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Gogol decides to change his name, officially, to Nikhil, the summer before he heads to Yale. He announces this to his parents, saying that Gogol is a strange name, not even a Bengali one, and that Nikolai Gogol was a flawed, miserable person for a namesake. Although Ashima and Ashoke wonder why their son is so angered, all of a sudden, by the name Gogol, they let him do as he wishes. Gogol changes the name at a courthouse in Cambridge, and marvels at how little ceremony is required. When the judge asks his reason for changing, Gogol simply says that he “hates the name Gogol.” Gogol nevertheless receives cards of congratulation, on graduating from high school, addressed to “Gogol,” since that is the name his Bengali family friends know him by.
At Yale, Gogol introduces himself to his roommates as Nikhil, and changes his official documentation at the university, so that he can register for classes under his new name. Gogol engages in typical freshman-year behavior: he gets a fake ID (for “Nikhil,” not Gogol), begins smoking and drinking, and goes to parties. But he remains a disciplined son—he takes the train home regularly, to the Boston suburbs, to see his parents, and watches as Sonia, now a teenager, begins to argue with Ashima and Ashoke. Gogol takes his first architecture class, and enjoys learning the name of various parts of buildings. He comes to regard New Haven, and the university, as home.
On a busy train back to Boston, the day before Thanksgiving, Gogol sits next to a girl named Ruth, also a Yale student; the two begin talking, and soon Gogol is drawing the floor-plan of his grandparents’ home in Calcutta for her, and buying her tea and chips in the café car. Ruth is on her way home to Maine for the break—she will take a bus when the train ends in Boston. Gogol asks for her number, almost in a daze, and after the holiday, the two start dating, kissing and making love after class, touring the campus’s museums together, and otherwise enjoying each other’s company. Gogol eventually tells his parents, after many months, that he is dating someone. They refer to Ruth as an “American,” and say that their son is “too young” for a relationship, although they do not explicitly critique Gogol for not choosing a Bengali woman.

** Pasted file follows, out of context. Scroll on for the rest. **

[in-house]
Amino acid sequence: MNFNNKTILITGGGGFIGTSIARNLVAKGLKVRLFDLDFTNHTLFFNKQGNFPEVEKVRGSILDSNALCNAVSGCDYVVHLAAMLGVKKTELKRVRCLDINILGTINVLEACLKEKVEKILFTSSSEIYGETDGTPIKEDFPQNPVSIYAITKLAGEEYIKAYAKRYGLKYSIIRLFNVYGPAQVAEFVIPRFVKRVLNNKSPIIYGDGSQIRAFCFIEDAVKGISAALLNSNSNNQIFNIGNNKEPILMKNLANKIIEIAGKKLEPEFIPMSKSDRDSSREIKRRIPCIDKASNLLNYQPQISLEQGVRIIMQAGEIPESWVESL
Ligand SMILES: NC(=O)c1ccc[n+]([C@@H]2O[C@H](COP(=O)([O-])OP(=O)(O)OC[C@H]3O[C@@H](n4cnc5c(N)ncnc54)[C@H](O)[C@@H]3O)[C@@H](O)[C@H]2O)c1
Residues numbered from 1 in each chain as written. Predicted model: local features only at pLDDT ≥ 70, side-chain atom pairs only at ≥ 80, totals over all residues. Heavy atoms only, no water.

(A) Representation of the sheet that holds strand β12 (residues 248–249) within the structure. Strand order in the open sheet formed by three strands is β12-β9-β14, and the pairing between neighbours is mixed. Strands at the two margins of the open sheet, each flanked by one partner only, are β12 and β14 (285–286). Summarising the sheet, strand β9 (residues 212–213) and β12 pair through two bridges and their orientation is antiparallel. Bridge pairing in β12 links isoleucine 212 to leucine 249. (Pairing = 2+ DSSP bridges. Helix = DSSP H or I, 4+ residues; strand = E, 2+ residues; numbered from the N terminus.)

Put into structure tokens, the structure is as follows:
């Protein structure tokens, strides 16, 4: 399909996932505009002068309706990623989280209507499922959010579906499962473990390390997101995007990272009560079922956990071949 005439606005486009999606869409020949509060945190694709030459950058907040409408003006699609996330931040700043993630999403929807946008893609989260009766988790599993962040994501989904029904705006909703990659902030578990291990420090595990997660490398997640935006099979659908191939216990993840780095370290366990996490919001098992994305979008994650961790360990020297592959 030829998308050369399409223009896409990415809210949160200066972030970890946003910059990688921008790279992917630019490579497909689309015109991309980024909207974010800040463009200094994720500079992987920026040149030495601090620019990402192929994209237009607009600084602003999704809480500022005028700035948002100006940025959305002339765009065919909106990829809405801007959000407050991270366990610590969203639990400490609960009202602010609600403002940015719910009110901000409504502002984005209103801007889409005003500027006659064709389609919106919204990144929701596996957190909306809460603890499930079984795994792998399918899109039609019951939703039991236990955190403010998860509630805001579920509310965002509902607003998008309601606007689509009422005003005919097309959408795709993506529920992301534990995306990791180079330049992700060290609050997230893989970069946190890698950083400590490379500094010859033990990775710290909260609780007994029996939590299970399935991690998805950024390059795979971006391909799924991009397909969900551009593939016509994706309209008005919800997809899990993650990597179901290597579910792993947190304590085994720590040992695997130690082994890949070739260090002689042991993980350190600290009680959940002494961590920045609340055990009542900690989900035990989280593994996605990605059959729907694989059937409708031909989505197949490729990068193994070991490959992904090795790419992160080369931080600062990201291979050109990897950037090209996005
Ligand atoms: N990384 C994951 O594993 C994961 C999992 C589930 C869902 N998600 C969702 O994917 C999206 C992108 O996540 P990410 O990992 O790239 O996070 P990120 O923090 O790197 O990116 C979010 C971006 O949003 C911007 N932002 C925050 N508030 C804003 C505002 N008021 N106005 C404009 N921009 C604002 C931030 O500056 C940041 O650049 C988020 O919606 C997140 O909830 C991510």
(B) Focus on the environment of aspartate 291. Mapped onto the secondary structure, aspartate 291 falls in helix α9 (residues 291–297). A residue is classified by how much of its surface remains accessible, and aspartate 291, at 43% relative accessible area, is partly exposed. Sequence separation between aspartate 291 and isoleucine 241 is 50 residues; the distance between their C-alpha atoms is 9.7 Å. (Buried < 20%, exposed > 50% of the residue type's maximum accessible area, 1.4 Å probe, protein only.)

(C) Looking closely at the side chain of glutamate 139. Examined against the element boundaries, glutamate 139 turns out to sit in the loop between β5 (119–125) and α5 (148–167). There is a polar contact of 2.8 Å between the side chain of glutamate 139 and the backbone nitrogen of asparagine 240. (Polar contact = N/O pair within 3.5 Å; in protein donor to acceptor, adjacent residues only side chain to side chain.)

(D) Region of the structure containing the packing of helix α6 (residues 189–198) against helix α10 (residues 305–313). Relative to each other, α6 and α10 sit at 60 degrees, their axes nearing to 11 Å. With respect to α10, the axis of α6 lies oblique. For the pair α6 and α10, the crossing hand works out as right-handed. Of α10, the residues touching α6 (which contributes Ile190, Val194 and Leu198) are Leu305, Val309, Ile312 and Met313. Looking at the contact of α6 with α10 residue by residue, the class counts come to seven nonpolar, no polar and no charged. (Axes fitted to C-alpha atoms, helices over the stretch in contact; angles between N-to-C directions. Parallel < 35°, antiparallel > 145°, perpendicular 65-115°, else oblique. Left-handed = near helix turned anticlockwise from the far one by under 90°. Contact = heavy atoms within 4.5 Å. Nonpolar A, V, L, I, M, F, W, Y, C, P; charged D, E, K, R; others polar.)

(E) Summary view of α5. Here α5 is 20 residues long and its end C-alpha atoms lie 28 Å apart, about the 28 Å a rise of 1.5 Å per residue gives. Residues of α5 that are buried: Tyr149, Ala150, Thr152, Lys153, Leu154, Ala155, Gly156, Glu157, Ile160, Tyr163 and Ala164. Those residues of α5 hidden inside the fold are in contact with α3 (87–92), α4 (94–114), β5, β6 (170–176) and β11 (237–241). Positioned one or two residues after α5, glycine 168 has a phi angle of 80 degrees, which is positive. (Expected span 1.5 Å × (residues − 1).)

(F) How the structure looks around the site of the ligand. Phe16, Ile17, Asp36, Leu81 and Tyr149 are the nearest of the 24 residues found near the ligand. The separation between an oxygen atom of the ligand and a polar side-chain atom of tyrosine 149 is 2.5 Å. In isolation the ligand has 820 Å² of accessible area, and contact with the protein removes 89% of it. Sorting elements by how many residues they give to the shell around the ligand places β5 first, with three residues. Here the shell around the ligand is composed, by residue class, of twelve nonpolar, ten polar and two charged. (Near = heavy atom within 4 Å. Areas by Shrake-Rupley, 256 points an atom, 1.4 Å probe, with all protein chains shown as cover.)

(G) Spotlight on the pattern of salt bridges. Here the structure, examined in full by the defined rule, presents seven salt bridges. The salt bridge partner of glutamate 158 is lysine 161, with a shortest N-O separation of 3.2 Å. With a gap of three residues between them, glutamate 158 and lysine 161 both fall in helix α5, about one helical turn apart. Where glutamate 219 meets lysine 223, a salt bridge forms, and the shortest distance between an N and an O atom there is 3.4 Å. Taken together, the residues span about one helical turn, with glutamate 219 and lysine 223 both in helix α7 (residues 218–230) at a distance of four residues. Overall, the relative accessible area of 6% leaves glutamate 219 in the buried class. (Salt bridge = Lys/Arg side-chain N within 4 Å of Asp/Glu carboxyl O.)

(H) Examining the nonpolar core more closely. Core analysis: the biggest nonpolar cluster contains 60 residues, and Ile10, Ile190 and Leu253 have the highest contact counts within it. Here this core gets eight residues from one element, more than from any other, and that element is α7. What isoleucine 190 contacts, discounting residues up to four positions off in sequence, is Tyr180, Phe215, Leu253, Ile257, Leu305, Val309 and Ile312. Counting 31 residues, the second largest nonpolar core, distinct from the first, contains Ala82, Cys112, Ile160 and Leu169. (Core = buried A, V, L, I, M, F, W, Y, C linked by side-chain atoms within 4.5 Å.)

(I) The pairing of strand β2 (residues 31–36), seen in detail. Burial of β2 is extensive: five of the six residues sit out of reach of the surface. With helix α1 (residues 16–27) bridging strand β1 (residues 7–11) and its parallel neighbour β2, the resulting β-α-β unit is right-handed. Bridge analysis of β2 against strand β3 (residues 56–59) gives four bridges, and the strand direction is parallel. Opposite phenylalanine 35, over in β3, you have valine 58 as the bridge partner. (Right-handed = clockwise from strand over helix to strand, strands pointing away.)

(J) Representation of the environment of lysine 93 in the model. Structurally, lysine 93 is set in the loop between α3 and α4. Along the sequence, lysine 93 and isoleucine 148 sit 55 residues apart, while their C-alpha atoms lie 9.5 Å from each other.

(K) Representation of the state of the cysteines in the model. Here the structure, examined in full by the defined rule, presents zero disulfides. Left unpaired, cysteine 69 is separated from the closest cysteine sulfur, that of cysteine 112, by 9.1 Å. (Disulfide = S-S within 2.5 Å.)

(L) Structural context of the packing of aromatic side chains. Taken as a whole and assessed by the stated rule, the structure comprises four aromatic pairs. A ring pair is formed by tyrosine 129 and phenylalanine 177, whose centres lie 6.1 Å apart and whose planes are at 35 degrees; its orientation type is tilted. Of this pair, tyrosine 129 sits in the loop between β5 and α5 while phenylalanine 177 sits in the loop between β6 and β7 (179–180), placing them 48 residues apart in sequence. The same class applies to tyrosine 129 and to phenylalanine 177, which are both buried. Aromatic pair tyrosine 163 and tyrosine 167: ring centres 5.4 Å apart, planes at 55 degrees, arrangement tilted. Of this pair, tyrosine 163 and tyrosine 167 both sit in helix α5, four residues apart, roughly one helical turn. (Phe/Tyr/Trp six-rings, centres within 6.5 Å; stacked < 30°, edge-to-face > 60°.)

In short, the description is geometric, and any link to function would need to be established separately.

Gogol and Ruth date for over a year, before she heads to Oxford, for a semester abroad. In quick succession, the narrator describes Gogol’s internship, between junior and senior years, at an architecture firm in Cambridge, and Ruth’s return from England. She and Gogol meet up in Cambridge and attempt to rekindle their relationship, but they acknowledge they have fallen out of love. The narrative jumps ahead again, this time to Thanksgiving of his senior year, when Gogol is on the train once again, back to the Boston area from New Haven. He thinks of his chance encounter with Ruth, two years before, and learns that the train will be delayed, because someone has committed suicide by jumping onto the tracks. Gogol is confused and saddened by the news, and he reaches Boston far later than he planned.
At the station in Boston, Gogol finds Ashoke, who has waited anxiously for his son, pacing the platform in the cold. Gogol asks his father why he waited to so long and so worriedly. Finally, Ashoke reveals to his son the train accident that almost killed him, in India, that solidified Ashoke’s love for Gogol the author, and that resulted, years later, in Gogol being named for him. Gogol asks his father whether his pet-name reflects that time of anguish and pain in his father’s life. But his father counters that the opposite is true—that Gogol’s name causes Ashoke to recall the beautiful life that followed his near-tragedy on the Indian railway.